Thirteen years ago among the whirring looms of a garment factory in an eastern Pakistani city, a Muslim woman fell in love with a Christian co-worker.
Now married with three children, Kalsoom Bibi and her husband Yousuf Bhatti have been shunned by their communities, endured death threats and an abduction, all in the name of religious honour in this conservative Islamic country.
Marriage out of choice remains a taboo in Pakistan, particularly when it involves a partner outside one’s own clan or faith group.
While marriages between different members of Abrahamic faiths — including Judaism, Christianity and Islam — is permitted by law, a Muslim woman may not marry a non-Muslim man.
People who chose to convert out from Islam can be charged with blasphemy and face life in prison.
Kalsoom’s first encounter with a member of another religion came at school, where the only Christian student was mercilessly bullied.
When she met Yousuf, she decided to question him about his faith to find out more. Long hours of discussion brought the two close together, and she eventually decided to convert.
It is a fact she hides to this day from her family.
“My mother died requesting me to leave my Christian husband,” Kalsoom, a short woman in her twenties with deep brown eyes said, sitting on her bed in a modest two-room house with her husband and children.
“Had she known that I myself have been converted to Christianity, she would had died with grief or asked her family to kill me.”
Such unions aren’t officially recorded but rights activists believe there are thousands of such cases every year.
The couple say they now live among a more understanding community that provides them support and respect their choices — but it wasn’t always this way.
“The life after marriage was terrible. We went into hiding because the family and community threatened to kill us.
“We lived in hiding in Islamabad for several months and my son was born during that time,” she said.
Yousuf said the most harrowing incident early on in their marriage when he was abducted by four Muslim militants and driven hours out of town to a deserted spot.
“They kept me there for several days and asked me why I married my wife.
“They wanted to kill me, but when I told them that I married my wife with her own will and because she also wanted to marry me — and that I did not force her into this marriage — they softened and released me after some days,” he added.
Naveed Walter, President of Human Rights Focus Pakistan (HRFP), said the case was symptomatic of a wider problem, which remains largely hidden from sight.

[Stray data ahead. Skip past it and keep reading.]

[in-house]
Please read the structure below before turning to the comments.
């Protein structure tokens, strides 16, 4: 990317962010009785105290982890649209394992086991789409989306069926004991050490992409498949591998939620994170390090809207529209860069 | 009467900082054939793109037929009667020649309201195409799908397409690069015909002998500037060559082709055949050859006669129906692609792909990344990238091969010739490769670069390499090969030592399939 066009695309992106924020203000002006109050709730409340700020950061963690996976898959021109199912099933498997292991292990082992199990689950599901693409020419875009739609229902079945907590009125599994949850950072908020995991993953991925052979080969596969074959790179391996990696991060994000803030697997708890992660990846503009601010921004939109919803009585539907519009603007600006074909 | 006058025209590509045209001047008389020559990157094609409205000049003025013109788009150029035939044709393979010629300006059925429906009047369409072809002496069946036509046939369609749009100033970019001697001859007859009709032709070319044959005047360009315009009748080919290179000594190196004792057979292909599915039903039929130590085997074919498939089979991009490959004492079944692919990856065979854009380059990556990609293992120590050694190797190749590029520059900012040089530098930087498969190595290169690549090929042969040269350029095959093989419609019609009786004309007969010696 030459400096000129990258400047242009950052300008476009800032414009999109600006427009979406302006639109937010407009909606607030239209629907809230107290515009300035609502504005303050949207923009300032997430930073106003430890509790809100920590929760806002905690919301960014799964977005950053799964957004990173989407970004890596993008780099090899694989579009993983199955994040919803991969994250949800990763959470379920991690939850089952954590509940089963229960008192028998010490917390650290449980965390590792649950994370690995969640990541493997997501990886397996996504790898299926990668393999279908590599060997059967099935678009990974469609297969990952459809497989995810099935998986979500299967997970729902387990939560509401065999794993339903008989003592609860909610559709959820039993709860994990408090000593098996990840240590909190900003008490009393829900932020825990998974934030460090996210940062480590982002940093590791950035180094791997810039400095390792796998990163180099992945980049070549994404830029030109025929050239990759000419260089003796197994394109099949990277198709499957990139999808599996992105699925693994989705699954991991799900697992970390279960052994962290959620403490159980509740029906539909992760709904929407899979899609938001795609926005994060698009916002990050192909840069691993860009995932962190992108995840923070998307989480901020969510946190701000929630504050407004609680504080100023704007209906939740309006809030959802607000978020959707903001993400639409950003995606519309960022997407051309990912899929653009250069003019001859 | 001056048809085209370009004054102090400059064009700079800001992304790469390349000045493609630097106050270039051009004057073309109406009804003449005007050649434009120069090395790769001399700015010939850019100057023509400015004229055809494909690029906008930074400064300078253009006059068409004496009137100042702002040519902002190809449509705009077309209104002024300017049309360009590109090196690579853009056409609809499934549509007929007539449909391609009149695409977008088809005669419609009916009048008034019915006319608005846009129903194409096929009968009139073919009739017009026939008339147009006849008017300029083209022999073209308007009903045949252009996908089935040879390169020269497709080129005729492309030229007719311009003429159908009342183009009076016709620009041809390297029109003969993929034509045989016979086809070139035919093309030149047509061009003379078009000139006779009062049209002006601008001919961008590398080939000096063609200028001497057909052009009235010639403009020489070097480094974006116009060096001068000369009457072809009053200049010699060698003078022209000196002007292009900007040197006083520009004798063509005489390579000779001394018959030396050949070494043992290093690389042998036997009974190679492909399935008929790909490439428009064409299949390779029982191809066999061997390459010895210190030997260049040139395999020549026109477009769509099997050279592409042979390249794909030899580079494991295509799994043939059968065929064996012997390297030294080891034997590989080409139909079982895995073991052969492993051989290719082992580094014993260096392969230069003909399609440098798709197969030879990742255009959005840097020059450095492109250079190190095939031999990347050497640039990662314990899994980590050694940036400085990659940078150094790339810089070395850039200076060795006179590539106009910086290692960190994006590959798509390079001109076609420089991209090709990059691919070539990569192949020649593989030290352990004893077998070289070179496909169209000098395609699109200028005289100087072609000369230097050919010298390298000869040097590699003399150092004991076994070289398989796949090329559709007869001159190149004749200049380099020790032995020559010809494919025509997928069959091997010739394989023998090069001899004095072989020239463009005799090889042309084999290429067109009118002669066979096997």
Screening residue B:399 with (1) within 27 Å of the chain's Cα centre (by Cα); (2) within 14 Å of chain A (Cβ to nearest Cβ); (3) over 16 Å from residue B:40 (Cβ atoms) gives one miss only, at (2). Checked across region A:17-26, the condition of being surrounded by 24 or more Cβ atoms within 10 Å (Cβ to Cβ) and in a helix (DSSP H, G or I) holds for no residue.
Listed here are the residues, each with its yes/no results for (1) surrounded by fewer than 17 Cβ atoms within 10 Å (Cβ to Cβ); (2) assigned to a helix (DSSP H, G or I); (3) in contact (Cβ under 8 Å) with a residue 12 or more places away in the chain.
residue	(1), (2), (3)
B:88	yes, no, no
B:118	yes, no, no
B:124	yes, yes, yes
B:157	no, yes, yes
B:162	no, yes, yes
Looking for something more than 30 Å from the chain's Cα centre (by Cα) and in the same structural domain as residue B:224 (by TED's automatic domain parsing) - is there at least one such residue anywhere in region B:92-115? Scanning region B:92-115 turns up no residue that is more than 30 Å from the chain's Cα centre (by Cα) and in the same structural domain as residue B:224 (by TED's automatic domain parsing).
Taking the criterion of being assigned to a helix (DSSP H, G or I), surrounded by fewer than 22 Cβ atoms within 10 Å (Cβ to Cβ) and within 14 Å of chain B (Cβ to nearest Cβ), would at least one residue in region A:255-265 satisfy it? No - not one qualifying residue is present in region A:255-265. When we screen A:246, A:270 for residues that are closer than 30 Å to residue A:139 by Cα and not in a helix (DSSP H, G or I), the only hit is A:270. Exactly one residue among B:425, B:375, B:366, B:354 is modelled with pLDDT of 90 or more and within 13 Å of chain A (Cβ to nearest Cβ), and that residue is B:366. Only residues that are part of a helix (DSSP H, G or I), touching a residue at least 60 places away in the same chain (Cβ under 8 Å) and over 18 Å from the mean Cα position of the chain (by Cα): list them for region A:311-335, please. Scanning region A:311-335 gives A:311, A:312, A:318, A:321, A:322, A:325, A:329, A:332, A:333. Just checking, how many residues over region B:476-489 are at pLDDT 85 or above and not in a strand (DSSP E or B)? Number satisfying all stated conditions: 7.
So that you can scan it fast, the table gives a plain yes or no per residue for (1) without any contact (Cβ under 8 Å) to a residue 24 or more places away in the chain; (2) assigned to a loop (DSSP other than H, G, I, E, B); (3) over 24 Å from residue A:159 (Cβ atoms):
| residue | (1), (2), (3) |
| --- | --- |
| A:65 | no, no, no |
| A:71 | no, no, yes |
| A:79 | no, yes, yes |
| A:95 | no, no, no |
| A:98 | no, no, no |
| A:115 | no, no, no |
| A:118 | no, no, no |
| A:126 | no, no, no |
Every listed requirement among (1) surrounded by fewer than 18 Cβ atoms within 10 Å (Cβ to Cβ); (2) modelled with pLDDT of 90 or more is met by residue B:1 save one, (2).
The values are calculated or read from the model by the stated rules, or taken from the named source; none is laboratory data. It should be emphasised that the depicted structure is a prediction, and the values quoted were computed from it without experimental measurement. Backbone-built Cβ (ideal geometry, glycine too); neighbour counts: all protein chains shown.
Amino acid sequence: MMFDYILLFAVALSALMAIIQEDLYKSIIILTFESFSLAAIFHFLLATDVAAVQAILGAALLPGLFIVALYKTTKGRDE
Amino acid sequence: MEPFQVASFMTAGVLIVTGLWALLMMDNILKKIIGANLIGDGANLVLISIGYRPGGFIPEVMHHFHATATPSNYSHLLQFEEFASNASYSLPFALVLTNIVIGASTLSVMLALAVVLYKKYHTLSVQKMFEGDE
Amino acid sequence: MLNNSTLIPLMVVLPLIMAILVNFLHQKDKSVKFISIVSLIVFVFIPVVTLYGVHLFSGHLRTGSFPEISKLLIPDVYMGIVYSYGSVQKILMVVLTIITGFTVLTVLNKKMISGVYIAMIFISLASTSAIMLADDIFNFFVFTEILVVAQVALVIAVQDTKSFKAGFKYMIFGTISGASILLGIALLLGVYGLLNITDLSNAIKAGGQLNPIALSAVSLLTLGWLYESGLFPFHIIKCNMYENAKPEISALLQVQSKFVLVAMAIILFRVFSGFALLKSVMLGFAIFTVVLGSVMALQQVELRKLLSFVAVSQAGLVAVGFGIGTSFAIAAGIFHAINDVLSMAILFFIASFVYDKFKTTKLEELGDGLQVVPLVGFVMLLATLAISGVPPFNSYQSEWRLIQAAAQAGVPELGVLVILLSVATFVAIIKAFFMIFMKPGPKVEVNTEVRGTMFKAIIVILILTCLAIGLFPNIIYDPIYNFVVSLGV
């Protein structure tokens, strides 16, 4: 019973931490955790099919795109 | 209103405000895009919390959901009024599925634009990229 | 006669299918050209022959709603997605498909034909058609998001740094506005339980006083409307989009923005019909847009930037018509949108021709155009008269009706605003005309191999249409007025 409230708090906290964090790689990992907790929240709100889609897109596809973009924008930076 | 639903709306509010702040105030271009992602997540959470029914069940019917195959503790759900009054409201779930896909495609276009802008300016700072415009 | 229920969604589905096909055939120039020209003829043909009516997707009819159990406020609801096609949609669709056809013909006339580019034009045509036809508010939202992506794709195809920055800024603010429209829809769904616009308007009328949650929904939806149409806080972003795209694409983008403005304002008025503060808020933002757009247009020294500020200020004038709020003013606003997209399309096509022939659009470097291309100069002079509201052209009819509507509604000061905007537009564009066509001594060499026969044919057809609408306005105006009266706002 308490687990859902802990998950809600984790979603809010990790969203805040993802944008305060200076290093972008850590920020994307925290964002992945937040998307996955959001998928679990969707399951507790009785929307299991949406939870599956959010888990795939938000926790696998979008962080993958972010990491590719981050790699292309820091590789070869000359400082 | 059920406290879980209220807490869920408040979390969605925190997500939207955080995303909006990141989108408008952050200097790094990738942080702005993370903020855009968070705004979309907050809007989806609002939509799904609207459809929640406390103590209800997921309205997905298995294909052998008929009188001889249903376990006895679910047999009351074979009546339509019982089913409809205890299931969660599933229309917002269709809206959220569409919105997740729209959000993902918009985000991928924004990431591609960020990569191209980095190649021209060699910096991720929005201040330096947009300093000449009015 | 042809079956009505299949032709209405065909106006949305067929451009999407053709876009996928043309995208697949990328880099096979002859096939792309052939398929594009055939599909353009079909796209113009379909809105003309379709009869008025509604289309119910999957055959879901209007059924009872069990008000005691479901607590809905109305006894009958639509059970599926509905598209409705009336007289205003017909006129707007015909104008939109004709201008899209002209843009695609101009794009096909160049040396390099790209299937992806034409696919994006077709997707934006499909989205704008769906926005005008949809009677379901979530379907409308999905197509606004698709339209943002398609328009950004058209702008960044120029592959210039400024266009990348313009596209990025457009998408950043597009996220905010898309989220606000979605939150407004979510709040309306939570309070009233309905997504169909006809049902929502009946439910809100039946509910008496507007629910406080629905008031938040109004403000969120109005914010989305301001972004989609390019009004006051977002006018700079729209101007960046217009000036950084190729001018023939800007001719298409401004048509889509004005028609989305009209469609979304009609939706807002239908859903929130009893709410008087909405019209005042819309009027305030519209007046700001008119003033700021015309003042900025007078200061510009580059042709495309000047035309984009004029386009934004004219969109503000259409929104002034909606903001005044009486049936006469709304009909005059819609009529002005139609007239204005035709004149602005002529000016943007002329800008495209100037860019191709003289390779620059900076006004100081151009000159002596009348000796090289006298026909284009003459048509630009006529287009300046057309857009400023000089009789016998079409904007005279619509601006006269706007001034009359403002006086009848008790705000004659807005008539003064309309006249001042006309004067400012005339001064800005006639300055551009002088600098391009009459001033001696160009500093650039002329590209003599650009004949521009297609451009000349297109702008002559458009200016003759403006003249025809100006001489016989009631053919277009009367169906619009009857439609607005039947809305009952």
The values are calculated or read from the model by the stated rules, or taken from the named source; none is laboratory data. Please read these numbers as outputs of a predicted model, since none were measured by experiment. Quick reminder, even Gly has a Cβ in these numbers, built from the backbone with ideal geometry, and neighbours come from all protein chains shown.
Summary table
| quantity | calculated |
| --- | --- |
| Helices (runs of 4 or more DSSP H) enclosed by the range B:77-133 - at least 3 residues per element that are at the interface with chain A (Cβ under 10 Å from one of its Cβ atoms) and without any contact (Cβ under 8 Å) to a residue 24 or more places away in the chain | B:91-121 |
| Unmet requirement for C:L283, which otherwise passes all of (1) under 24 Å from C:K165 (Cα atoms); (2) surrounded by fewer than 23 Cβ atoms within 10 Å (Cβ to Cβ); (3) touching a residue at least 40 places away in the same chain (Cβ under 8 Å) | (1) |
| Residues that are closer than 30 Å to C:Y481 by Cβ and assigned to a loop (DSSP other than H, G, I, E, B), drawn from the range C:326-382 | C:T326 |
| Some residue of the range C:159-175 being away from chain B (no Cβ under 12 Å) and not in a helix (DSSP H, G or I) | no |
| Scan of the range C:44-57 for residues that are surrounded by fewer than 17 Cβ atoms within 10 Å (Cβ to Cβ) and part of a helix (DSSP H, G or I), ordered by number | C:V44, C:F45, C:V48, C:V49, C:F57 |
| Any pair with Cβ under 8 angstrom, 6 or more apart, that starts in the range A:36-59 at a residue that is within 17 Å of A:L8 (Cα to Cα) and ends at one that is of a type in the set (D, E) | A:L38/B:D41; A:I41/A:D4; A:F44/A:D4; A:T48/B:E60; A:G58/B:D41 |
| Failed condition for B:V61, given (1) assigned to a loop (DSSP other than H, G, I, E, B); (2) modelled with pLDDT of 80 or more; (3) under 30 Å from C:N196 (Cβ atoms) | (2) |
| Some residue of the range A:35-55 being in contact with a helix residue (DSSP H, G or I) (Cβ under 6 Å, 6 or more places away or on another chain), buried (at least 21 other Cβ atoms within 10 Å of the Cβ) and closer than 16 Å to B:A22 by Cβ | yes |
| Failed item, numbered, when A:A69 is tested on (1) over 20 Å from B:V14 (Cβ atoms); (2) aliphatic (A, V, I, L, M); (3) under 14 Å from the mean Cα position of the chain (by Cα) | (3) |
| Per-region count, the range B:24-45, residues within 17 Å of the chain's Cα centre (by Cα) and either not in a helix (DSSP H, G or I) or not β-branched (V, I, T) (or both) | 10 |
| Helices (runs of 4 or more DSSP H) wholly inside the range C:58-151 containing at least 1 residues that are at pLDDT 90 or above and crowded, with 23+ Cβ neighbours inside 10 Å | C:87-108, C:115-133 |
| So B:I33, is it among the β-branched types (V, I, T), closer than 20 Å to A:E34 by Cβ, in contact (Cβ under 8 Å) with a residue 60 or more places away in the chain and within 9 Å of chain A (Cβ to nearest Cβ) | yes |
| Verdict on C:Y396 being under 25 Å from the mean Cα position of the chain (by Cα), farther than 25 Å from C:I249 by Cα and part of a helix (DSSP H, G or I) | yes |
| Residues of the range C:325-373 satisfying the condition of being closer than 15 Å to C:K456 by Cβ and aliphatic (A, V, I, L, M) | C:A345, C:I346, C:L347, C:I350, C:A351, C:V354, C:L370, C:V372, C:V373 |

“In such cases (inter-faith marriages) people try to attack the whole community,” he said.
Walter added his organisation had estimated 10,000 cases nationwide over the past four years.
Legally, there are no provisions in the criminal code against leaving Islam, though the country’s blasphemy law — which carries a life sentence — has been invoked in recent cases against apostates.
But even when members from the minority community convert to Islam, they can still face a backlash.
Sana, a Christian teacher from the same eastern city met and fell in love with cameraman Salman Khawaja who had come to record a show about Christmas festivities in 2006.
Drawn to Islamic traditions and culture since her childhood, Sana decided to embrace Islam.
The couple’s lives became “hellish” after marriage and they said they had to leave their city to avoid death.
“We were threatened from both Christian and Muslim communities. So we decided to leave the city to save our lives,” Sana told AFP holding her two-year-old son.
Despite being a journalist with connections to local government officials, Salman found himself helpless to fight back.
“We decided to get married in another city to avoid any attacks by our families and communities,” he said.
“Back at our homes, our families were planning to kill us for marrying across religion as they thought we had stolen their pride and honour.
“It was very difficult period for us, we remained in hiding for six months to avoid any attacks. I had no career over there,” he said, adding that he drove a taxi to earn a living.
“When the situation got better, we returned … but my family refused to accept us. Then we rented a house in a low category residential area and started a new life.”
For some, the trauma never goes away.
Nadia, a petite, light-skinned 19-year-old former Muslim fell in love with 24-year-old Christian man Shamaun Anwar, an embroiderer, who used to smile at her in the street as they went to work.
They planned to marry in secret until Nadia’s parents found out about them and forced her to marry her cousin instead. When she refused to move in with him, they began beating her.
“They used to beat me whenever I told them that I won’t live with my husband and will marry Shamaun,” she said.
“They still threaten me, even after I divorced my cousin and married Shamaun. I am now more scared because I have converted to Christianity,” she added tearfully.
Some campaigners including lawyer Akmal Bhatti advocate the creation of a civil marriage code as is the case in India so that it is possible to keep faith out of the wedding ceremony.
Others are less hopeful, citing the rising number of attacks against the country’s beleaguered minorities as a sign of rising intolerance.